A visitor, in
Many visitors hold their role
There is a ceremonial element to the role, and the visitor may also be called upon to give advice where an institution expresses doubt as to its powers under its charter and statutes. However, the most important function of the visitor was within academic institutions, where the visitor had to determine disputes arising between the institution and its members. The right of the visitor, and not the courts, to adjudge on alleged deviations from the statutes of academic colleges was affirmed in the case of Philips v. Bury, 1694, in which the
The position has also existed in universities in other countries which have followed the English and Welsh model (there being no such office in Scotland), although in many countries the visitor's role in complaints has been transferred to other bodies.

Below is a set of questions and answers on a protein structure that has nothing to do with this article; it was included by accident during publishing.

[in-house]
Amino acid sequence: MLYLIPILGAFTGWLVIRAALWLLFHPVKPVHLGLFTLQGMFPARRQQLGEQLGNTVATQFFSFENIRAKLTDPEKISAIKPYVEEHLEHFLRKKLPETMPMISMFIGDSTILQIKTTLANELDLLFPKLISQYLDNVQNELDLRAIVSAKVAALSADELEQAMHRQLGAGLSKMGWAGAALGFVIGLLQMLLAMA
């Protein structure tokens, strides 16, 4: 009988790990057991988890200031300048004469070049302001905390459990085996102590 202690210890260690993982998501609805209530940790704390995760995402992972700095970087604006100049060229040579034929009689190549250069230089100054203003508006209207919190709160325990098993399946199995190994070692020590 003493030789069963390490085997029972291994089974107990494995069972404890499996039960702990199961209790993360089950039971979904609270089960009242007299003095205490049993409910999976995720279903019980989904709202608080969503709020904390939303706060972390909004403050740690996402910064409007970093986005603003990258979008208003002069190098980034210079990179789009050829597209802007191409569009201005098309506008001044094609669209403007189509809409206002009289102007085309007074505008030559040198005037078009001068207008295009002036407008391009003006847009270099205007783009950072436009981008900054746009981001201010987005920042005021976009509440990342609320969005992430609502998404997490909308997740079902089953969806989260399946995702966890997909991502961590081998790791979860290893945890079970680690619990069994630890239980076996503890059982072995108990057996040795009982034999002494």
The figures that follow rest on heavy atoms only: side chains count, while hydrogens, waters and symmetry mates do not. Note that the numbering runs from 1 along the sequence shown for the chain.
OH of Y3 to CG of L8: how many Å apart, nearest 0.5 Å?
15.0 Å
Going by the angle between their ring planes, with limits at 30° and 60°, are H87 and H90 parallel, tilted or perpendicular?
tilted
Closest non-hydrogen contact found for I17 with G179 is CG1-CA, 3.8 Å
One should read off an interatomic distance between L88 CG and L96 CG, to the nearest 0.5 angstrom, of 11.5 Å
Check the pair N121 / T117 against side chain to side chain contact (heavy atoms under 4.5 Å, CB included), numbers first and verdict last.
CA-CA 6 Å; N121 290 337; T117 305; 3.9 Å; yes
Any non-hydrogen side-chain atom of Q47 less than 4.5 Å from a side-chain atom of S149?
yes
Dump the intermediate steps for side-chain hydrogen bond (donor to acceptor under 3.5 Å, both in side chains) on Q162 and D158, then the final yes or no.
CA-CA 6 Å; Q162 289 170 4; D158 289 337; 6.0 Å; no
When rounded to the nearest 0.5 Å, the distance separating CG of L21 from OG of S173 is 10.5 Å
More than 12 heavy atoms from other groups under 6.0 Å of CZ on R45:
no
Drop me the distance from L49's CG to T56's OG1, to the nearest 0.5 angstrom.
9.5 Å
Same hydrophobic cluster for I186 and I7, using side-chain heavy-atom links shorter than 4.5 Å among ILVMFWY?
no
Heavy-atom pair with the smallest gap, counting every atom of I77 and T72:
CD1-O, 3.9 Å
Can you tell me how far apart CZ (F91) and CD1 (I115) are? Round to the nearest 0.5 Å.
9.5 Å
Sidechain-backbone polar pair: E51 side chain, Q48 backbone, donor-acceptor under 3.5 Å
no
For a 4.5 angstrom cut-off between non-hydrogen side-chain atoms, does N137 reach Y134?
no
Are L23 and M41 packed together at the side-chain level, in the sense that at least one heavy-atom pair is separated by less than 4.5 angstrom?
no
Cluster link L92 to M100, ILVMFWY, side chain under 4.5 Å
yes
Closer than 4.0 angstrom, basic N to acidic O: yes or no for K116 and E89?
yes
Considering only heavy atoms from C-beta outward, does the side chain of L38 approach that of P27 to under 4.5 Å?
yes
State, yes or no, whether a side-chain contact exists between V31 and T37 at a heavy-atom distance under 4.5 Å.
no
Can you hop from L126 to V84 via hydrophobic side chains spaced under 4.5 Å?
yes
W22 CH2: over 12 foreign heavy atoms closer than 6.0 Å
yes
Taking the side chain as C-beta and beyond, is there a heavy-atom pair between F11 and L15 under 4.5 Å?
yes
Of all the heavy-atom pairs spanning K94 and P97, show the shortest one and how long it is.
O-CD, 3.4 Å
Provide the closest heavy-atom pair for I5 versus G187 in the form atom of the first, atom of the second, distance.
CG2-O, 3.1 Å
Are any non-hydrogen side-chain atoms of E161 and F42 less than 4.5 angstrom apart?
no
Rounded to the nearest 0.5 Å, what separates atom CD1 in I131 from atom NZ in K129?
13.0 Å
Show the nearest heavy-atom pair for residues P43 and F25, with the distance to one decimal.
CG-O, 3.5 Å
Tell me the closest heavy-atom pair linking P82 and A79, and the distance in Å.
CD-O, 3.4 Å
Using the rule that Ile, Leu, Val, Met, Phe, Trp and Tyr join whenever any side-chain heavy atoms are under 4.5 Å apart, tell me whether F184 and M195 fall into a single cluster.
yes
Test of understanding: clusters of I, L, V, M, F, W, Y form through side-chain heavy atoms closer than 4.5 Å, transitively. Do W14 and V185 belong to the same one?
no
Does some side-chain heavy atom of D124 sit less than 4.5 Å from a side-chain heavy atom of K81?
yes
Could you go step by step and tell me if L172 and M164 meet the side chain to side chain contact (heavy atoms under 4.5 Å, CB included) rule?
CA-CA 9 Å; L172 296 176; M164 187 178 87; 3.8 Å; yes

In the Republic of Ireland, the Universities Act, 1997 redefines the appointment, function and responsibility of a visitor. Where a university does not have a Visitor, a visitor may be appointed by the
In Fiji the Court of Appeal in Muma v USP  FJLawRp 16 declared that in default of appointment, the country's President was the Visitor of a university established by the Queen since Fiji had subsequently become a republic.
Also in Canada, the Queen's Representative in Ontario, His Honour the Lieutenant Governor of Ontario, serves as the visitor to the
In the United States, the office of visitor, from its early use at some colleges and other institutions, evolved specifically into that of a trustee. Certain colleges and universities, particularly of an earlier, often colonial founding, are governed by boards of visitors, often chaired by a rector (rather than regents or trustees, etc.). Examples include the
In Nigeria, the Visitor in publicly funded tertiary institution is the most senior member of government. This is usually the President in federally funded Universities or the Governor for State funded Universities.